|From:||Diana White <>|
|Date:||Mon, 9 Sep 2019 23:03:05 +0000|
A gang of Currawongs lurk in upper canopies round here waiting till the resident Magpie pair, currently feeding young,appear at our kitchen door for mince handouts.They do their best to sneak any dropped or scattered morsels competing with a regularly appearing peewee & sometimes a wattlebird.This usually develops into a battle of wits with the magpies doing about face manouvers & sudden vicious swoops to see them off.
Recently there has been a one-legged juvenile Currawong who has managed to pick up remnants & we've watched on several mornings as the adult magpies allow it to eat right next to them (as long as it's taken in the right pecking order) before flying back up to the nest with their haul.
Just today there appeared with the group of Currawongs one with deformed
feet, which I assume is a mite infestation too by looking at photos & Denise Kay's entry on chatline.
|<Prev in Thread]||Current Thread||[Next in Thread>|
|Previous by Date:||Distinguishing between Pied currawongs: question, Denise Kay|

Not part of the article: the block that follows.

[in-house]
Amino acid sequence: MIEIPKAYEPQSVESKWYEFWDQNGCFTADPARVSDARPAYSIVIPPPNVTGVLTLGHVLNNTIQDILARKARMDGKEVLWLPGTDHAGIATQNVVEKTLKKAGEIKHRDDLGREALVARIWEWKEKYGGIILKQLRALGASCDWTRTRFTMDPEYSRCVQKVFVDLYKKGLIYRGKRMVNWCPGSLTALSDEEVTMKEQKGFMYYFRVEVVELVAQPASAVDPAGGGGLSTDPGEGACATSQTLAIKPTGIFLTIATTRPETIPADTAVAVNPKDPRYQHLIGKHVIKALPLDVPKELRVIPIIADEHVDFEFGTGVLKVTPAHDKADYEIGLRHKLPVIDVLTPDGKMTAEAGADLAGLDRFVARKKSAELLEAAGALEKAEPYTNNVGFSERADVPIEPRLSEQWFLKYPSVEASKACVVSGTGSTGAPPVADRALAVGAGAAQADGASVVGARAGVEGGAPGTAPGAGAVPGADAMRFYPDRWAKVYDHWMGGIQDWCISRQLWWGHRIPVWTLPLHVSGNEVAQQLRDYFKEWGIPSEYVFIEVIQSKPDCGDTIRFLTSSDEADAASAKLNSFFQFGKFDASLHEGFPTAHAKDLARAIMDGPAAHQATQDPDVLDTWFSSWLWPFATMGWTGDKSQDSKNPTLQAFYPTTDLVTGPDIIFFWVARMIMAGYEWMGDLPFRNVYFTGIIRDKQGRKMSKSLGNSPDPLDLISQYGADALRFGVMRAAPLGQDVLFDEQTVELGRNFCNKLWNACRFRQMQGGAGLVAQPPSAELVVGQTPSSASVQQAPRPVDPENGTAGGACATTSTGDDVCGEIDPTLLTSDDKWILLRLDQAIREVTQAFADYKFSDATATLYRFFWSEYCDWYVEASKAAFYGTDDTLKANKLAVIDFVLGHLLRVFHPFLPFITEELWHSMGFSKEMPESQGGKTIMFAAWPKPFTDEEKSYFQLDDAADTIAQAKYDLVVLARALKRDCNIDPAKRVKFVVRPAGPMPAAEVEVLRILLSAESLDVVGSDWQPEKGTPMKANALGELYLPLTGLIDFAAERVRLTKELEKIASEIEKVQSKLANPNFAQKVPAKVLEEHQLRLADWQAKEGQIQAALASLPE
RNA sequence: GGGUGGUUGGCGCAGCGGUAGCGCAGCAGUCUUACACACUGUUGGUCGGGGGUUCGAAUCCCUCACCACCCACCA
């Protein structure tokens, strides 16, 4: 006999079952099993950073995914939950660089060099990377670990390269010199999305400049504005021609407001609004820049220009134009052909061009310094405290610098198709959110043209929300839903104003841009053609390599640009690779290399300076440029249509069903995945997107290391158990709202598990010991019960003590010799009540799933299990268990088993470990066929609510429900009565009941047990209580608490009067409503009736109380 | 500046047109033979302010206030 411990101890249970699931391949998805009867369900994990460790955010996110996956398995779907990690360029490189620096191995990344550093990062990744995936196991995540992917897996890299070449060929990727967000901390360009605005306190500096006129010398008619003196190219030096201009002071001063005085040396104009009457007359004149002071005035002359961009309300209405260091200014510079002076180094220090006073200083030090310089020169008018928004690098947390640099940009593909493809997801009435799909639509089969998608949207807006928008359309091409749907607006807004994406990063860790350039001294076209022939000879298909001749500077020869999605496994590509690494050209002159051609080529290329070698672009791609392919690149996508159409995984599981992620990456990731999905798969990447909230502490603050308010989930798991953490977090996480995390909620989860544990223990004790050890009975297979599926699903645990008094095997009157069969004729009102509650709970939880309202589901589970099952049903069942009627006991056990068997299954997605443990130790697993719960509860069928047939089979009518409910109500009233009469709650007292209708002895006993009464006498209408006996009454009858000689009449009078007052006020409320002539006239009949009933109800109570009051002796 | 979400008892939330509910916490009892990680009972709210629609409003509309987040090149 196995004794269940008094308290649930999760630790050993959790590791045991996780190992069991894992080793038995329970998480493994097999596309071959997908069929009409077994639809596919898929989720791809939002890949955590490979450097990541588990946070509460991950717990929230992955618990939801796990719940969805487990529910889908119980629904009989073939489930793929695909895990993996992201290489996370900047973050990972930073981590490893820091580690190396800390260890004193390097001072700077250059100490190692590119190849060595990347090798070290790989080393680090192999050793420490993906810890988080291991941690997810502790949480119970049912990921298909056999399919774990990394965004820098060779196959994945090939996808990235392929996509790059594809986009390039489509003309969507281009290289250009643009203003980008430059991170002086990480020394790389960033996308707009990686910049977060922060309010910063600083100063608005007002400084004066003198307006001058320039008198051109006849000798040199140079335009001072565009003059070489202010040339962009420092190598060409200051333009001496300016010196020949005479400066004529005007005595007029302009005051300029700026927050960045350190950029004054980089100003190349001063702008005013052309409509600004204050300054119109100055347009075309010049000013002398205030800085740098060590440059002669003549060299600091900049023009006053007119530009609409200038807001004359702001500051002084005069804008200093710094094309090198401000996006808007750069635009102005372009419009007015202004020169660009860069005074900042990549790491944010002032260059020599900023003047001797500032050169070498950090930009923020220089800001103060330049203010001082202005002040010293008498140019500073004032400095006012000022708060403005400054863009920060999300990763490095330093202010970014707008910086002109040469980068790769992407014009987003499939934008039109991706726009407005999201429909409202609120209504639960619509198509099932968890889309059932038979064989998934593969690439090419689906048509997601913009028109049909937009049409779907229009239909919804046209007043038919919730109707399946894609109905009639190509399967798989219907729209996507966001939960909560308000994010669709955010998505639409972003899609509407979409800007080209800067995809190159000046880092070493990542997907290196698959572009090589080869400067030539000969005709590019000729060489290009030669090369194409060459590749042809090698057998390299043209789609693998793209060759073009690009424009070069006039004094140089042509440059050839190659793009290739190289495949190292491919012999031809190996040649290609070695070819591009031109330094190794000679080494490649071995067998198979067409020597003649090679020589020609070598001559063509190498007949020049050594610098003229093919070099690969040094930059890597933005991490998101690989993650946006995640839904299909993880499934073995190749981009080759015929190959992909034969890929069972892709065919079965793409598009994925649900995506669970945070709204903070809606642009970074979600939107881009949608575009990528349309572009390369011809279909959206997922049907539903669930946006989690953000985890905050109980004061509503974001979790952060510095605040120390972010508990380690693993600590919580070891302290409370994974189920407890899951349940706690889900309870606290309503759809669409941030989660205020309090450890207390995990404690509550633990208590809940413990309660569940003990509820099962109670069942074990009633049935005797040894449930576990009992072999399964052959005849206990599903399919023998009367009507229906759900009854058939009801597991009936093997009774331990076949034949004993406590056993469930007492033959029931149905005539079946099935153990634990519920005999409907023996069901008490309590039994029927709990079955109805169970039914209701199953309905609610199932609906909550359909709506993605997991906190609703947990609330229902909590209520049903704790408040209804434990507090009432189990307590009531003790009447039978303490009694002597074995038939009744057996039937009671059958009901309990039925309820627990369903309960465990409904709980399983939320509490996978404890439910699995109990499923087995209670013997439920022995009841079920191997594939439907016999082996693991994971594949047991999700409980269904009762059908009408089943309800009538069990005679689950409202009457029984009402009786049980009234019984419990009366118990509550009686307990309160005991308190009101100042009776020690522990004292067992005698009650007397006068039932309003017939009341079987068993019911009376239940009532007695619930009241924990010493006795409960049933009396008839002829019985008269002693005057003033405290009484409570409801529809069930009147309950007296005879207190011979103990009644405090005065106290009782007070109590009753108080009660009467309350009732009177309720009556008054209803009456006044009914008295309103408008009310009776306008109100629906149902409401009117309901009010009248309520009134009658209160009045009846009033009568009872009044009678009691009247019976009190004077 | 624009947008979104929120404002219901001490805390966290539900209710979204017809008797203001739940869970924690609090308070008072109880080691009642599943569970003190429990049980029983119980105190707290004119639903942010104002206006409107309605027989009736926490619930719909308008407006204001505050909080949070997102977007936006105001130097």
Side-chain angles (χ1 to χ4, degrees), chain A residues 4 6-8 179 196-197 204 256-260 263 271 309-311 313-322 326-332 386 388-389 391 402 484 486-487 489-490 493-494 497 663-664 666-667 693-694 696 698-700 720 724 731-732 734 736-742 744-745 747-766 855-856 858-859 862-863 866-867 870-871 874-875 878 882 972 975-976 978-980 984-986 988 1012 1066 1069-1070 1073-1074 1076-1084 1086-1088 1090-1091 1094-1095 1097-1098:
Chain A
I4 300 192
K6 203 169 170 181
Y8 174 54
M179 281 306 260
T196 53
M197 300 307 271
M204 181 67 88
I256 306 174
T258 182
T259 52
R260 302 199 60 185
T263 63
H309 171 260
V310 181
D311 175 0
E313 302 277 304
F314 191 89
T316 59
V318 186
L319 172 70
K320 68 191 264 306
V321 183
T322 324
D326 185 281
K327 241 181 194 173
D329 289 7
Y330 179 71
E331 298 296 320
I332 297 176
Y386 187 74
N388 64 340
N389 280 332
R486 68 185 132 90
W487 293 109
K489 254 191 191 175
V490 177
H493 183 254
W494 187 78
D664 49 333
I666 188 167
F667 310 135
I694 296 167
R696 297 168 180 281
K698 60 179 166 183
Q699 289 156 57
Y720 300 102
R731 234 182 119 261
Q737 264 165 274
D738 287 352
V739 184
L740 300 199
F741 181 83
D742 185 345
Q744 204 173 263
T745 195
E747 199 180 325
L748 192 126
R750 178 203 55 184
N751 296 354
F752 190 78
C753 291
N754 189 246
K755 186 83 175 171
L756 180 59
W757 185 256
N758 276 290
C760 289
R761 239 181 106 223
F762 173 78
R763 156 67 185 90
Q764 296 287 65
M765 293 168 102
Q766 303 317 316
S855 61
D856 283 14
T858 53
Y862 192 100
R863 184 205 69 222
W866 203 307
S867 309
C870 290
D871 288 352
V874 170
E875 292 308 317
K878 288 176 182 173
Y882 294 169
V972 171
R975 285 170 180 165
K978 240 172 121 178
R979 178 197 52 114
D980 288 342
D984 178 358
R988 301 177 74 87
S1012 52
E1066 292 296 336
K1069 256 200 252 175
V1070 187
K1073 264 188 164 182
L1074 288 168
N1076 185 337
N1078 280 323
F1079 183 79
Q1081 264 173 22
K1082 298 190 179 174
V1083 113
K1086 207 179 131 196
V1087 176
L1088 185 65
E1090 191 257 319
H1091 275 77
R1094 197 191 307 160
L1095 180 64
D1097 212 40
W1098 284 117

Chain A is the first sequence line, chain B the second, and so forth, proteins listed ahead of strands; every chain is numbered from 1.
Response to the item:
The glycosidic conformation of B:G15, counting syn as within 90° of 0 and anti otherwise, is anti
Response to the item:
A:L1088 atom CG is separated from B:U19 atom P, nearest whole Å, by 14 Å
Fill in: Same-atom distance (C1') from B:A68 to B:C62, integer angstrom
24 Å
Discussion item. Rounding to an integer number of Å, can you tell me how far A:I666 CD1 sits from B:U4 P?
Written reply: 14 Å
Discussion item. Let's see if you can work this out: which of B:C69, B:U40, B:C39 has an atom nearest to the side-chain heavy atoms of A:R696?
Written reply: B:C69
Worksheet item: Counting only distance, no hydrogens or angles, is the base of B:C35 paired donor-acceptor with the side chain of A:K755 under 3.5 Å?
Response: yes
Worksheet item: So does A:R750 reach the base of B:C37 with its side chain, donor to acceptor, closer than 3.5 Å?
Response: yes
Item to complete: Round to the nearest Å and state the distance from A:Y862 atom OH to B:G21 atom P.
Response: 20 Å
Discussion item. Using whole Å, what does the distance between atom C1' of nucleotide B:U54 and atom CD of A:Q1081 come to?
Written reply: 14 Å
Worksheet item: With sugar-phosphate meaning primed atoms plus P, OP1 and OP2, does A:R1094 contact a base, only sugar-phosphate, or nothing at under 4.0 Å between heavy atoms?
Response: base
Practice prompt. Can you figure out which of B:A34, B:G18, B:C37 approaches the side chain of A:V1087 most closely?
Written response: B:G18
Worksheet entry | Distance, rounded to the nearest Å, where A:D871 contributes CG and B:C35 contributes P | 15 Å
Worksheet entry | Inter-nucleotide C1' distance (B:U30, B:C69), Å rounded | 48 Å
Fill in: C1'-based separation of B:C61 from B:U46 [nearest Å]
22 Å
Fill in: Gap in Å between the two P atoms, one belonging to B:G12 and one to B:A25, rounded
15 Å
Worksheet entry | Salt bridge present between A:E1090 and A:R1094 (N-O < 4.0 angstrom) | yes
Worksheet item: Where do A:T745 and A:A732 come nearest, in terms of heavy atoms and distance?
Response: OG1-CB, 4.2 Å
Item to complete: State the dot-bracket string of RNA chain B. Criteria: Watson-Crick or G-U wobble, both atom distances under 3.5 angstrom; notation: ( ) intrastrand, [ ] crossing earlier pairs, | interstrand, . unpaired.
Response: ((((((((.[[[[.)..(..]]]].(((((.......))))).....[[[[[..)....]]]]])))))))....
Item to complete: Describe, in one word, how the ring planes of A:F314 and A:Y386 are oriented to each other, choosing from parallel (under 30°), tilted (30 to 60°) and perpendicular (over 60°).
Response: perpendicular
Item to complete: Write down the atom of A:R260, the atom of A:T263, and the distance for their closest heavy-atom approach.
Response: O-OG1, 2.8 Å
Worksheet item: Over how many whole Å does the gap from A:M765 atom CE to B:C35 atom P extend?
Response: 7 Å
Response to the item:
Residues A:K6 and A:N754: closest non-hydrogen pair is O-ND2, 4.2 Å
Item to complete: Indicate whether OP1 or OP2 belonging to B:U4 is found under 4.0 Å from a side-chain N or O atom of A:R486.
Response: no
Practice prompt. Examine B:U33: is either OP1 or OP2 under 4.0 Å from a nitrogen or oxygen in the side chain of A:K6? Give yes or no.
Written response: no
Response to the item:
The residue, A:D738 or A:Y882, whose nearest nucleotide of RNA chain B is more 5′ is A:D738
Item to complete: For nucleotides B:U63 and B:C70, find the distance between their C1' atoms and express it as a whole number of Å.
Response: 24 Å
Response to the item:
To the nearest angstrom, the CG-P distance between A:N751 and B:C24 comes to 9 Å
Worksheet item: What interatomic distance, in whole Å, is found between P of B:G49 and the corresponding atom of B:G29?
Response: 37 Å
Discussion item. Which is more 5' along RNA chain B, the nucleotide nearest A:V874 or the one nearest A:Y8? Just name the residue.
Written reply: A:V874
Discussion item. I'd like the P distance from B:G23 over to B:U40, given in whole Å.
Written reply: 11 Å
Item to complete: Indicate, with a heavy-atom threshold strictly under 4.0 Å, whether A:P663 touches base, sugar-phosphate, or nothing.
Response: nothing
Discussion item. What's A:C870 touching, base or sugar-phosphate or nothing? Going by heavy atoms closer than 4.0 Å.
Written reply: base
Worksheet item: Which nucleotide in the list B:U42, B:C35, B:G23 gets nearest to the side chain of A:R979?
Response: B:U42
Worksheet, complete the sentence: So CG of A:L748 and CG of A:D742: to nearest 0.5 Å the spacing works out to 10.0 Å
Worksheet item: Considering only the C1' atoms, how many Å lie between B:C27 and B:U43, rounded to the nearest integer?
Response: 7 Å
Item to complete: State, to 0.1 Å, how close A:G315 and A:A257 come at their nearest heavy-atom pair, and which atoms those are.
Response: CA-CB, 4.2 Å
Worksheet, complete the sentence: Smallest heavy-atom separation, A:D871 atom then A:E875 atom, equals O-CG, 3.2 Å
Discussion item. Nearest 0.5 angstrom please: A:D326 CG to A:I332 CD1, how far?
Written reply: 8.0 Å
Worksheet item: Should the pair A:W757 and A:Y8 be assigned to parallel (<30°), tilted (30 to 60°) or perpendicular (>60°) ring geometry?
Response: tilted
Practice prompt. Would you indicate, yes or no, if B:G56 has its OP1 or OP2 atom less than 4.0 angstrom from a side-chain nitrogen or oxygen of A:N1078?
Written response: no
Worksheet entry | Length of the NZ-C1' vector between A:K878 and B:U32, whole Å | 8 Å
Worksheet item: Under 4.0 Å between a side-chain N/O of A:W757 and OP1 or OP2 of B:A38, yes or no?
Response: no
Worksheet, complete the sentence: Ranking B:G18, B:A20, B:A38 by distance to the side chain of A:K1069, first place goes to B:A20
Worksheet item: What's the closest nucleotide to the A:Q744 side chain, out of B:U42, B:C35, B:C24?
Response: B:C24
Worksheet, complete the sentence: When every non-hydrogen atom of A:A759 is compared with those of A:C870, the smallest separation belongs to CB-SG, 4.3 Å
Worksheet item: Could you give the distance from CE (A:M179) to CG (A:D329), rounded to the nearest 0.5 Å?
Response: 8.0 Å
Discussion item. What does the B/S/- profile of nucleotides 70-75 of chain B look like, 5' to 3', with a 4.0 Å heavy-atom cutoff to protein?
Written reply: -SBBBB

|Next by Date:||Distinguishing between Pied currawongs: question, Philip Veerman|
|Previous by Thread:||Ex currawongs, Geoffrey Dabb|
|Next by Thread:||Re :Currawongs, Philip Veerman|
|Indexes:||[Date] [Thread] [Top] [All Lists]|
The University of NSW School of Computer and Engineering takes no responsibility for the contents of this archive. It is purely a compilation of material sent by many people to the Canberra Ornithologists Group mailing list. It has not been checked for accuracy nor its content verified in any way. If you wish to get material removed from the archive or have other queries about the list contact David McDonald, list manager, phone (02) 6231 8904 or email . If you can not contact David McDonald e-mail Andrew Taylor at this address: firstname.lastname@example.org.EDU.AU